some slight fire from the right. Two distinct charges were also made by the enemy in my front, which were handsomely repulsed. At length, finding the extreme left of the line giving way, and myself the ranking officer on the line, I became solicitous for orders. Accordingly, I passed a short distance to the left, then through the slashing to the rear, with the design of finding either General Terry or General Birney. Not succeeding, I was returning by the same path when I found that the enemy were already occupying that portion of the intrenchments. Making a detour to the right, I reached the slashing, where, finding an aide of Colonel Hawley, I sent the order for the line to retire. Thus my regiment was one of the very last to retire from the line of rebel works. While at these works Lieutenant-Colonel Henderson fell, having been struck near the hip by a rifle-ball. He died in about four hors. He was a most valuable and useful officer and fell in the faithful performance of his duty. The regiment retired across the ravines, and with Hawley's brigade reformed near the intrenchment which they occupied on the night of the 15th. Thence advancing again across one ravine in the direction of the enemy's works, my regiment took position, erected intrenchments, and remained until about 11 p. m. of the 18th. During this time it did its share of picket and fatigue duty and in repelling the attack made by the enemy on the works about dark of the 18th.
Withdrawing from this position as above stated, i took position with Hawley's brigade, about two miles to the southeast on the Chickahominy road, where I remained until 5 p. m. of Saturday, the 20th. Having been detailed as corps officer of the day, I again marched to the point near where I rested on the night of the 15th, where my regiment was placed on picket, and, in connection with the Fourth New Hampshire Volunteers and One hundred and fifteenth New york Volunteers, held the front of the Tenth Corps. At 10 p. m., by order of Major-General birney, I withdrew the picket, reformed the regiments, with my regiment in the rear covered by a detachment of the Fourth Massachusetts Cavalry, retired to the lower pontoon bridge, and crossed it. Making a halt near Jones' Landing until daylight, I reached my former camp at Bermuda Hundred early on Sunday morning, the 21st.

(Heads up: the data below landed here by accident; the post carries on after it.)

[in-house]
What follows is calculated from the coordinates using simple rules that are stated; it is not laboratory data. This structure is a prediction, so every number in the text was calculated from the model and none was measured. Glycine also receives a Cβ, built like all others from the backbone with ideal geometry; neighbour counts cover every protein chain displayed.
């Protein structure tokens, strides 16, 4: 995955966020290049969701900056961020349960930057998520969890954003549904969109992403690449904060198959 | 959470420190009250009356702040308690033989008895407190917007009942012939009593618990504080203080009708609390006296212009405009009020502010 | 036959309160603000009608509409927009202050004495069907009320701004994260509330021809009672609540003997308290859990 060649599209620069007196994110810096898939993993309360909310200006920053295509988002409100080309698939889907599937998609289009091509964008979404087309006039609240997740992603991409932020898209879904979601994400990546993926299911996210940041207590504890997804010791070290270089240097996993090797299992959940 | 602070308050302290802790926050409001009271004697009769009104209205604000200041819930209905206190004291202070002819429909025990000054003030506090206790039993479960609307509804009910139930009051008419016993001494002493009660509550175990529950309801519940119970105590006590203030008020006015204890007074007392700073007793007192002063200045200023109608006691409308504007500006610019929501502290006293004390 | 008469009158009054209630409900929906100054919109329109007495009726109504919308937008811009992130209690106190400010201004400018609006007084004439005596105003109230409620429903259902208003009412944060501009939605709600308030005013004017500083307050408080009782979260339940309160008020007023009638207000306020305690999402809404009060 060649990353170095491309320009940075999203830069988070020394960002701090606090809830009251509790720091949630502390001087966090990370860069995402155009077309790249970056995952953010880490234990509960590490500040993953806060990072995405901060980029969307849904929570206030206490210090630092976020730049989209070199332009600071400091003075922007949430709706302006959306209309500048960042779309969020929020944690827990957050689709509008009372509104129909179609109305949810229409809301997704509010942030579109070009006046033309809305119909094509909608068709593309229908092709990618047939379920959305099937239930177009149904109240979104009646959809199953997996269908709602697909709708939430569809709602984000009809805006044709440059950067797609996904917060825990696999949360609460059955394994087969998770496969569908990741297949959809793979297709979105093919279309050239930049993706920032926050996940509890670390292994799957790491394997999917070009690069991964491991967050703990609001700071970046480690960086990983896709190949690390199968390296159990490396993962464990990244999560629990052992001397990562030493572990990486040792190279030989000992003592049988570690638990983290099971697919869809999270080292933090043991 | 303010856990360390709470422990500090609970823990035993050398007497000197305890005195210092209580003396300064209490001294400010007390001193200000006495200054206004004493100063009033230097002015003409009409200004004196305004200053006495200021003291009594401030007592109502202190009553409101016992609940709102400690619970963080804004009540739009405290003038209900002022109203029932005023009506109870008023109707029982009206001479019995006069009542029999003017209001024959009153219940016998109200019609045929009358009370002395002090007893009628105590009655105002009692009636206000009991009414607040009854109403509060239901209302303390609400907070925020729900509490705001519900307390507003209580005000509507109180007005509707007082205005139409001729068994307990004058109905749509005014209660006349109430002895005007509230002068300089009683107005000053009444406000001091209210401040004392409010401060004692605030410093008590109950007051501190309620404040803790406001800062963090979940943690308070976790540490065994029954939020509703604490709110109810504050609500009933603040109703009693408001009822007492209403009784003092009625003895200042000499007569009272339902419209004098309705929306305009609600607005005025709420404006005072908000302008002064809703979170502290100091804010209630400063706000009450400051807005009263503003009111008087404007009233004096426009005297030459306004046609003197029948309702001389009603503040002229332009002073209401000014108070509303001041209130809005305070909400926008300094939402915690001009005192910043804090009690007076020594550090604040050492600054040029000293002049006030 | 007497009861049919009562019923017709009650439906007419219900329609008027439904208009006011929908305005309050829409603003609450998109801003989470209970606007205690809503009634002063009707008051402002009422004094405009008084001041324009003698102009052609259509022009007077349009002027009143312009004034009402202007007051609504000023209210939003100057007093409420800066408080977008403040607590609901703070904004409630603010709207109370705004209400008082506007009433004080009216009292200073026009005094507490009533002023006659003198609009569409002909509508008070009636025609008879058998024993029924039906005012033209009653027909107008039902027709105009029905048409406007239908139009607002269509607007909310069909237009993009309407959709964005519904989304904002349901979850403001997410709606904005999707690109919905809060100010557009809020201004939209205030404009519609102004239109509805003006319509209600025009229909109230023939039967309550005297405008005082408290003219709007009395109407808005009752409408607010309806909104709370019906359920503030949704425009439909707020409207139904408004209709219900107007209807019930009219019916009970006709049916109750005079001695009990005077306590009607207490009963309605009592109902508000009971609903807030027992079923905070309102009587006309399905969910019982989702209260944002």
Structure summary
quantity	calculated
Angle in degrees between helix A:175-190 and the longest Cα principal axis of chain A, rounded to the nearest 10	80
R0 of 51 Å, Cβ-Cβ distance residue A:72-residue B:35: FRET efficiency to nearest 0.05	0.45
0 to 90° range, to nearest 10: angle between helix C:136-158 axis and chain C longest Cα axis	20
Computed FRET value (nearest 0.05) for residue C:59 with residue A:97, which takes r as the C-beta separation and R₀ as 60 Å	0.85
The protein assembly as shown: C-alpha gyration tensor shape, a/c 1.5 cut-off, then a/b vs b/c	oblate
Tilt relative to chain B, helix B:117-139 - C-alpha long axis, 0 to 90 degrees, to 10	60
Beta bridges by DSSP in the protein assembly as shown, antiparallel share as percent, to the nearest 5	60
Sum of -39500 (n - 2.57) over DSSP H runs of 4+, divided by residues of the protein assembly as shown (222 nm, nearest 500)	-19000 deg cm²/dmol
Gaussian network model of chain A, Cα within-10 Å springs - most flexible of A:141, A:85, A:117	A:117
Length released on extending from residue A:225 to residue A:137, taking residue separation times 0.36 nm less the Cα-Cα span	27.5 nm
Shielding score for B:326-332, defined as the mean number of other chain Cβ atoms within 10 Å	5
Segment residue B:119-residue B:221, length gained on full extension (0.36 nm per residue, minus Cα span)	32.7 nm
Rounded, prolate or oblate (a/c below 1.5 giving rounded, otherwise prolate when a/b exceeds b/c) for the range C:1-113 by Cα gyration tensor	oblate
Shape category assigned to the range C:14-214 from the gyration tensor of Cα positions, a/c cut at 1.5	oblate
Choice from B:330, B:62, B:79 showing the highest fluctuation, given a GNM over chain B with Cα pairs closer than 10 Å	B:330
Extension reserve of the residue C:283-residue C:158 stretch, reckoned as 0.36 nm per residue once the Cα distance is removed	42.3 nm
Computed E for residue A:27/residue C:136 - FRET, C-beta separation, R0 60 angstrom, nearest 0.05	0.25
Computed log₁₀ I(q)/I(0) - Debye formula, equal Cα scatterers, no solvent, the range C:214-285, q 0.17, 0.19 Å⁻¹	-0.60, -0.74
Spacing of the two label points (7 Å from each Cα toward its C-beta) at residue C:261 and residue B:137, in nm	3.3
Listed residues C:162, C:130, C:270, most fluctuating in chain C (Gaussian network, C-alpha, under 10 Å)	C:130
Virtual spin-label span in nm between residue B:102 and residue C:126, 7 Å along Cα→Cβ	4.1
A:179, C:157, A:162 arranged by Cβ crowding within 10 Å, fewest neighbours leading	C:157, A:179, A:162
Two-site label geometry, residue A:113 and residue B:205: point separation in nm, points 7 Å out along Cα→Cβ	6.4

It is gratifying to be able to speak in terms of commendation, both of officers and men, during this brief period of somewhat severe service. Upon the whole I do not know that any regiment could by expected to perform its duties more faithfully or with more alacrity under like circumstances.
My loss during this movement (a list of which is hereto appended) was as follows: Killed, 1 officer and 2 men; wounded and missing, 13 men.
I am, sir, very respectfully, your obedient servant,
JOSEPH C. ABBOTT,
Colonel Seventh New Hampshire Volunteers.
Lieutenant E. LEWIS MOORE,
Acting Assistant Adjutant-General.
HEADQUARTERS SEVENTH NEW HAMPSHIRE VOLUNTEERS,
Laurel Hill, Va., October 14, 1864.
SIR: I have the honor to submit the following report of the part-taken by my regiment in the movement of the 13th instant:
My regiment was in line and reported to Brigadier-General Hawley, commanding Second Brigade, at 4 a. m. By his order I moved by the